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Biochemistry of Bilirubin: Biliverdin Reductase

by Kevin Ahern, PhD
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    00:01 Biliverdin reductase turns out to be one of the most diverse and amazing proteins in the entire body.

    00:09 The number of things that it's involved in is astonishing.

    00:13 Biliverdin reductase doesn't just catalyze the reaction that I've shown you to convert biliverdin into bilirubin.

    00:19 But it also is a serine-threonine-tyrosine kinase.

    00:23 Meaning, it is able to add phosphates onto all three of those amino acids.

    00:28 And we've seen that kinases like this are very important in the signaling process.

    00:33 So not only as biliverdin.

    00:35 Reductase is important in the metabolism of bilirubin, but it's also potentially important as a signaling component.

    00:46 In addition to that, biliverdin reductase affects insulin signaling.

    00:50 Insulin signaling we have seen as important for managing the concentration of glucose in the bloodstream.

    00:56 Biliverdin reductase, in addition, may block the movement of glucose into the cell.

    01:01 This was something insulin is trying to stimulate in the first place.

    01:05 Biliverdin reductase may play a role, therefore, in insulin resistance.

    01:08 Insulin resistance happens when cells no longer are able to respond to insulin, and as a consequence, don’t take up glucose.

    01:17 So this could be a very important player in that process.

    01:21 Biliverdin has a leucine zipper domain.

    01:24 Now you remember from other talks in this series that leucine zippers are very important both for protein, protein interactions and also for protein DNA interactions as occurs with transcription factors.

    01:37 Biliverdin reductase therefore may act as a transcription factor.

    01:41 And finally, biliverdin reductase may control cyclic AMP-related genes as it's seen in signaling pathways such as the beta adrenergic receptor.

    01:51 This, as I said, is one of the most interesting proteins that's found in cells.

    01:57 Now the biochemistry of bilirubin is important consideration for other things besides the reactive oxygen species that I've described.

    02:05 Bilirubin is not very soluble in the aqueous environment of our cells.

    02:11 So the reaction that I'm showing next here is to facilitate the solubility of bilirubin or a bilirubin component in water.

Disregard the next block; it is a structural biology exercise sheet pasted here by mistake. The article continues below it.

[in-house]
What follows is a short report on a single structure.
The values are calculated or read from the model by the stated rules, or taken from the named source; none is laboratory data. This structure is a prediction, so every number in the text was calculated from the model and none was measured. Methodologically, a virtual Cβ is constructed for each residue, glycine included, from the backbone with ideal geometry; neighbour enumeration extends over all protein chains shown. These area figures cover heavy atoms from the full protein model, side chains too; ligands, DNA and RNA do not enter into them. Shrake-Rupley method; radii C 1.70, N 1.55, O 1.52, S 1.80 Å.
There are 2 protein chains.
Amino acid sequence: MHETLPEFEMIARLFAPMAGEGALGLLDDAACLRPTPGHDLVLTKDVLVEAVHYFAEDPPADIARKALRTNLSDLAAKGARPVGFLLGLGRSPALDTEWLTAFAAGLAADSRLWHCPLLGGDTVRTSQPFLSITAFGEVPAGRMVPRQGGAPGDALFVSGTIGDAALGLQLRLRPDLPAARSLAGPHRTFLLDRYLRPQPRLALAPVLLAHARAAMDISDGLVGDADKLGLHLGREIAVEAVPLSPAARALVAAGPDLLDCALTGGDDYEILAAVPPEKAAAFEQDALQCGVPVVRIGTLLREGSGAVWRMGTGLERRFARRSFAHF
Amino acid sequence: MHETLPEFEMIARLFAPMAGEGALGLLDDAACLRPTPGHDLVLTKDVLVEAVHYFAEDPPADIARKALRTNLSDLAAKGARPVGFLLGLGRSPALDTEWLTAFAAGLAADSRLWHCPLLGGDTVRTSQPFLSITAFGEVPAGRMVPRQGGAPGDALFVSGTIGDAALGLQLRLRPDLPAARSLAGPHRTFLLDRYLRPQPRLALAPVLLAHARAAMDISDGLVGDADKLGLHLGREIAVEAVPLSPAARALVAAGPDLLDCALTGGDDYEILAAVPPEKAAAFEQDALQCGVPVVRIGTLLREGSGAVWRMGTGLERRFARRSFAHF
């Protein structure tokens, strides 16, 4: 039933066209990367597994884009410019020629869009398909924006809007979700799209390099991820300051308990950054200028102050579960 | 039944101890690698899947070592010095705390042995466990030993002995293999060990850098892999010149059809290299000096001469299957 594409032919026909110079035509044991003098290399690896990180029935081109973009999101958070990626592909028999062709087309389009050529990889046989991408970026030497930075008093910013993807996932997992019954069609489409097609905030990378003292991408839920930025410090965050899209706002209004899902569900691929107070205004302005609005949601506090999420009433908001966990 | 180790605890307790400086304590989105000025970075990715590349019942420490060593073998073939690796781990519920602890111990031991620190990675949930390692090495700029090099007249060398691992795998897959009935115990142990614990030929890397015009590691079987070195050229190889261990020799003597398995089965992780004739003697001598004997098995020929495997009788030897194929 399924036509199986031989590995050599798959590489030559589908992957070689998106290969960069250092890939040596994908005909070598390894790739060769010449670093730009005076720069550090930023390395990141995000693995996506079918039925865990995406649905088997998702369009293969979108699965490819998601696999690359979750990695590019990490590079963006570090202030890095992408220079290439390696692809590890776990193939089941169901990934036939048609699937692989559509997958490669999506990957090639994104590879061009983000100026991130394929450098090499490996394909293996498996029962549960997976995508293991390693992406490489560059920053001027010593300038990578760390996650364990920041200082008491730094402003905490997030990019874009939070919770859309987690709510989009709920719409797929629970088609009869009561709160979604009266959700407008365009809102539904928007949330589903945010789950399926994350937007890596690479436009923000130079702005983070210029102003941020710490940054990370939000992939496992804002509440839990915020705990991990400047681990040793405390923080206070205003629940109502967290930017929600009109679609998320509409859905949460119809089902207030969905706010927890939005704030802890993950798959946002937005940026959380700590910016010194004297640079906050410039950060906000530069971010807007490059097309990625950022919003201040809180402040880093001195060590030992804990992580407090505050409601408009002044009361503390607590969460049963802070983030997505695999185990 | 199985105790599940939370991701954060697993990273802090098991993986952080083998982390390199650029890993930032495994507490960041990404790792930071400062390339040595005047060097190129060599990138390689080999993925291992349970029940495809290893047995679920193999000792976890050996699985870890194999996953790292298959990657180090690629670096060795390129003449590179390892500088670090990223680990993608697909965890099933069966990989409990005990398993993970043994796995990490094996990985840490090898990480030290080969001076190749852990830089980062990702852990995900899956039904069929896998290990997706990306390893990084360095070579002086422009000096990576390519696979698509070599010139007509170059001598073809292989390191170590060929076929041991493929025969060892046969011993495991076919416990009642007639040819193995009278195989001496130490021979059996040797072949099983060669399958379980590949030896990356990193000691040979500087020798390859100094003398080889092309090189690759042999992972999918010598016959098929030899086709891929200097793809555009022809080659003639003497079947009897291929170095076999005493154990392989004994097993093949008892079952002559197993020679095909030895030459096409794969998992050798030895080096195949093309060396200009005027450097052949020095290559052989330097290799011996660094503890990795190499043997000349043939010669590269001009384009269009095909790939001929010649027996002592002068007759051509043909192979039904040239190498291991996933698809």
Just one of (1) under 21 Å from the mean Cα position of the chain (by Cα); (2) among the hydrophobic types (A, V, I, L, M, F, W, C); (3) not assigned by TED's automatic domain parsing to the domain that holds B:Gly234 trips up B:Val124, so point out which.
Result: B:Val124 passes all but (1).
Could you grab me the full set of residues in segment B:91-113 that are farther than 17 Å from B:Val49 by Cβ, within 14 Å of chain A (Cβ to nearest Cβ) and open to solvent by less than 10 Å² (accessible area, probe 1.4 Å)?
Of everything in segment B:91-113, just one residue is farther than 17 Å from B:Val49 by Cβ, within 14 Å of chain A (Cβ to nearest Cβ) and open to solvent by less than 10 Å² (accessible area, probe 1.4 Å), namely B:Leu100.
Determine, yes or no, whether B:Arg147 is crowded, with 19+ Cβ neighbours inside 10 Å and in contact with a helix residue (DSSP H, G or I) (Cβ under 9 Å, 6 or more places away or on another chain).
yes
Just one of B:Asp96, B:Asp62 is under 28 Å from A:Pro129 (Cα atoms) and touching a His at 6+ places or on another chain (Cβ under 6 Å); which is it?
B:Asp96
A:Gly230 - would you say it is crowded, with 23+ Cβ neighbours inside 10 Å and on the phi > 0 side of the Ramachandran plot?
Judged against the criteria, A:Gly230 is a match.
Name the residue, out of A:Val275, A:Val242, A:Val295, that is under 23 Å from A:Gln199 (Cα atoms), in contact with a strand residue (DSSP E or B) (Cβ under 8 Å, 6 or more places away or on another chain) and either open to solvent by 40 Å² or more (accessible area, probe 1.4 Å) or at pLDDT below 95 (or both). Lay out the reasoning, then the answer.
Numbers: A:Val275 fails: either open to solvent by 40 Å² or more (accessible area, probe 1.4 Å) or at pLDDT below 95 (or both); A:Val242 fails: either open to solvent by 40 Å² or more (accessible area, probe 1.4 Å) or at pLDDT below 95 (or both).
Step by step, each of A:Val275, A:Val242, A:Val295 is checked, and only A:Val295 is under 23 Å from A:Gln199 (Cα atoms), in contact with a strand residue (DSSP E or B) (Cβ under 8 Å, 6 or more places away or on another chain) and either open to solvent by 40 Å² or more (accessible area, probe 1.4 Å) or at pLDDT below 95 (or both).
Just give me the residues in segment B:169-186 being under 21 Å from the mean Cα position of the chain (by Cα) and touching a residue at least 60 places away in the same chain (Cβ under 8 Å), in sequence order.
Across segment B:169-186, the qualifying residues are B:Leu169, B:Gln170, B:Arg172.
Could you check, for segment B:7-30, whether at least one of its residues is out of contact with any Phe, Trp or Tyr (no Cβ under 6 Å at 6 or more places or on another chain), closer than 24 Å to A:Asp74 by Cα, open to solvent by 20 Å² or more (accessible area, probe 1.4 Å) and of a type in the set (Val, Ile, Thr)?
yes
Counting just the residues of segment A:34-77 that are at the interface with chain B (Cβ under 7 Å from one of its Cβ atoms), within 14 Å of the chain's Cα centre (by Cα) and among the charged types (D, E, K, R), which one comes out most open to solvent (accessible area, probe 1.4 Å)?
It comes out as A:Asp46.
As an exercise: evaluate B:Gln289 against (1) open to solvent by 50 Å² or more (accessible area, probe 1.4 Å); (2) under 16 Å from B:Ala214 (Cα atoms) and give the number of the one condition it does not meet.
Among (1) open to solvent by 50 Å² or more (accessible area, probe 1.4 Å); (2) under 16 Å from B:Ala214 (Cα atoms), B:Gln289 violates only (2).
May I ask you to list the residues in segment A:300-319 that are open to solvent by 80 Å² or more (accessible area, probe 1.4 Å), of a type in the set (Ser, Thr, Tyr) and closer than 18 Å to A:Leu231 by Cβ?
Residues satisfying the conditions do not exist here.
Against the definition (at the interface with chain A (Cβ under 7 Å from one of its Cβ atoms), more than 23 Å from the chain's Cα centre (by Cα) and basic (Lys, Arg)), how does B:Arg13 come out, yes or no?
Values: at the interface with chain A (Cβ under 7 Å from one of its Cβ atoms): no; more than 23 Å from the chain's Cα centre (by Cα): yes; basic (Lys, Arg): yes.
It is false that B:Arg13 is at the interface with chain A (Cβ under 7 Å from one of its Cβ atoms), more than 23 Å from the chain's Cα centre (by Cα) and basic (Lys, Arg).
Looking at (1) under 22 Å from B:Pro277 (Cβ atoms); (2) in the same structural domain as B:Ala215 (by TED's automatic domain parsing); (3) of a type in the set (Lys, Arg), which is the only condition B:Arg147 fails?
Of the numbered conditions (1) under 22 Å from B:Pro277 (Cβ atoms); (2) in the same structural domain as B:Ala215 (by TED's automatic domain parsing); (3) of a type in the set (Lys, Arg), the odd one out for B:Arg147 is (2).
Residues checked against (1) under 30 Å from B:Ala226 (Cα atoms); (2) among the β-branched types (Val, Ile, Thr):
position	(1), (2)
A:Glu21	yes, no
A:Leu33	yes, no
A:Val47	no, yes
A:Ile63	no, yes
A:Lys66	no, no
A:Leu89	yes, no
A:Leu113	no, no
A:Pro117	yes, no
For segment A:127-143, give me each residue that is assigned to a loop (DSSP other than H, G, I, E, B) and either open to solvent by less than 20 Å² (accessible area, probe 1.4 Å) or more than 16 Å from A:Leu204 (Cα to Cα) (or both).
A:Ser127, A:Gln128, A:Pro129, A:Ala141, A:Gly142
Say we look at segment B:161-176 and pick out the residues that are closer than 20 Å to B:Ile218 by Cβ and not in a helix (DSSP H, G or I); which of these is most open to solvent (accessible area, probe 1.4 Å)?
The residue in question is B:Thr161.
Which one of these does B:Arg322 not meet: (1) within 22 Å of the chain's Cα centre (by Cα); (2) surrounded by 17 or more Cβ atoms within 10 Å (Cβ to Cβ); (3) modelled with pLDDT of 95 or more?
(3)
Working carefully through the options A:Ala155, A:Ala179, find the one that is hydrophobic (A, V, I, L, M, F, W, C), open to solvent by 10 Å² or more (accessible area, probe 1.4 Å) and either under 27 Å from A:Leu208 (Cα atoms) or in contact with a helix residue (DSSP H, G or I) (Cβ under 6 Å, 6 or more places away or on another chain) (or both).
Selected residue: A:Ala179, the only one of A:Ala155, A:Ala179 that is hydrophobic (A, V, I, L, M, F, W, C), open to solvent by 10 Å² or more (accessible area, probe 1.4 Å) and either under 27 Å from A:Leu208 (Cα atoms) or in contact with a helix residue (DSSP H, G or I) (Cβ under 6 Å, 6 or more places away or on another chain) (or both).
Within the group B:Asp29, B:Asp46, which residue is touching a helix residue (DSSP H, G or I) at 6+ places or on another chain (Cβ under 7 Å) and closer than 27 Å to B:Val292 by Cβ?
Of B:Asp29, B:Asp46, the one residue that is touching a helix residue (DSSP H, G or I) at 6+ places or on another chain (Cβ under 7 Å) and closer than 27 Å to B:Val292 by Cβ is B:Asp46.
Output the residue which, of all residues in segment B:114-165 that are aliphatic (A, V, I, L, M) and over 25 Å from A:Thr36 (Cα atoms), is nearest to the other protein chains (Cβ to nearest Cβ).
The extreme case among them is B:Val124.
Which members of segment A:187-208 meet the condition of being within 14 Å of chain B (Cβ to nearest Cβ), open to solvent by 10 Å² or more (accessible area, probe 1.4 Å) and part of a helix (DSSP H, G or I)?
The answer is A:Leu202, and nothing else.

02:20 This involves the addition of glucuronic acid as you can see on the screen to bilirubin.

    02:26 Glucuronic acid is a very water soluble molecule so it's attachment to bilirubin to make bilirubin diglucuronide facilitates bilirubins dissolving in water.

    02:38 This reaction is called a conjugation and the conjugation of the bilirubin with the diglucuronide enables bilirubin now to be dissolved.

    02:48 We see in the process that two waters are split out to make that.

    02:52 And the product, as I said, diglucuronide is water soluble.

    02:55 You can see the reaction, the starting material shown in the green square on the left that becomes the green circled portion or the green outlined portion on the right.

    03:05 Using this, you can clearly see the addition of where the glucuronic acids occurs.

    03:11 The endo reaction that's happening here, the precursor is known as UDP-glucuronic acid.

    03:15 UDP is simply a carrier.

    03:17 It is an activated intermediate that facilitates the donation of the glucuronic acid to the bilirubin as we see here.

    03:24 The products or the reaction of course being two UDP molecules shown in the lower right.

    03:30 The reaction here is catalyzed by the enzyme glucuronyltransferase.

    03:35 Now as I said before, this conjugation creates a soluble form of bilirubin.

    03:40 We call that conjugated form because it's conjugated to glucuronic acid and it dissolves in water.

    03:46 This allows bilirubin to be easily eliminated through the bile and the feces or via the urine.

    03:54 Bile of course is an aqueous environment.

    03:57 The insoluble form of bilirubin is called the unconjugated form because it has no glucuronic acid attach to it.

    04:04 It's the glucuronic acid that's making bilirubin becomes soluble.

    04:09 This form of bilirubin can circulate in the bloodstream fairly readily attached to or bound to the protein known as albumin.

    04:18 Now one of the problems that happens with this system is that bilirubin in this way is not filtered by the kidneys.

    04:25 It doesn’t get eliminated and can ultimately result in the formation of the disease known as jaundice.


    About the Lecture

    The lecture Biochemistry of Bilirubin: Biliverdin Reductase by Kevin Ahern, PhD is from the course Amino Acid Metabolism. It contains the following chapters:

    • Biliverdin Reductase
    • Biochemistry of Bilirubin

    Included Quiz Questions

    1. All of the answers are true.
    2. It is a serine-threonine-tyrosine kinase.
    3. It plays a role in glucose movement in the body.
    4. It acts as a transcription factor.
    5. None of the answers are true.
    1. ...is required for it to be carried in the bile.
    2. ...involves oxidation of bilirubin.
    3. ...involves attachment of glucose to bilirubin.
    4. All of the answers are true.
    5. None of the answers are true.

    Author of lecture Biochemistry of Bilirubin: Biliverdin Reductase

     Kevin Ahern, PhD

    Kevin Ahern, PhD


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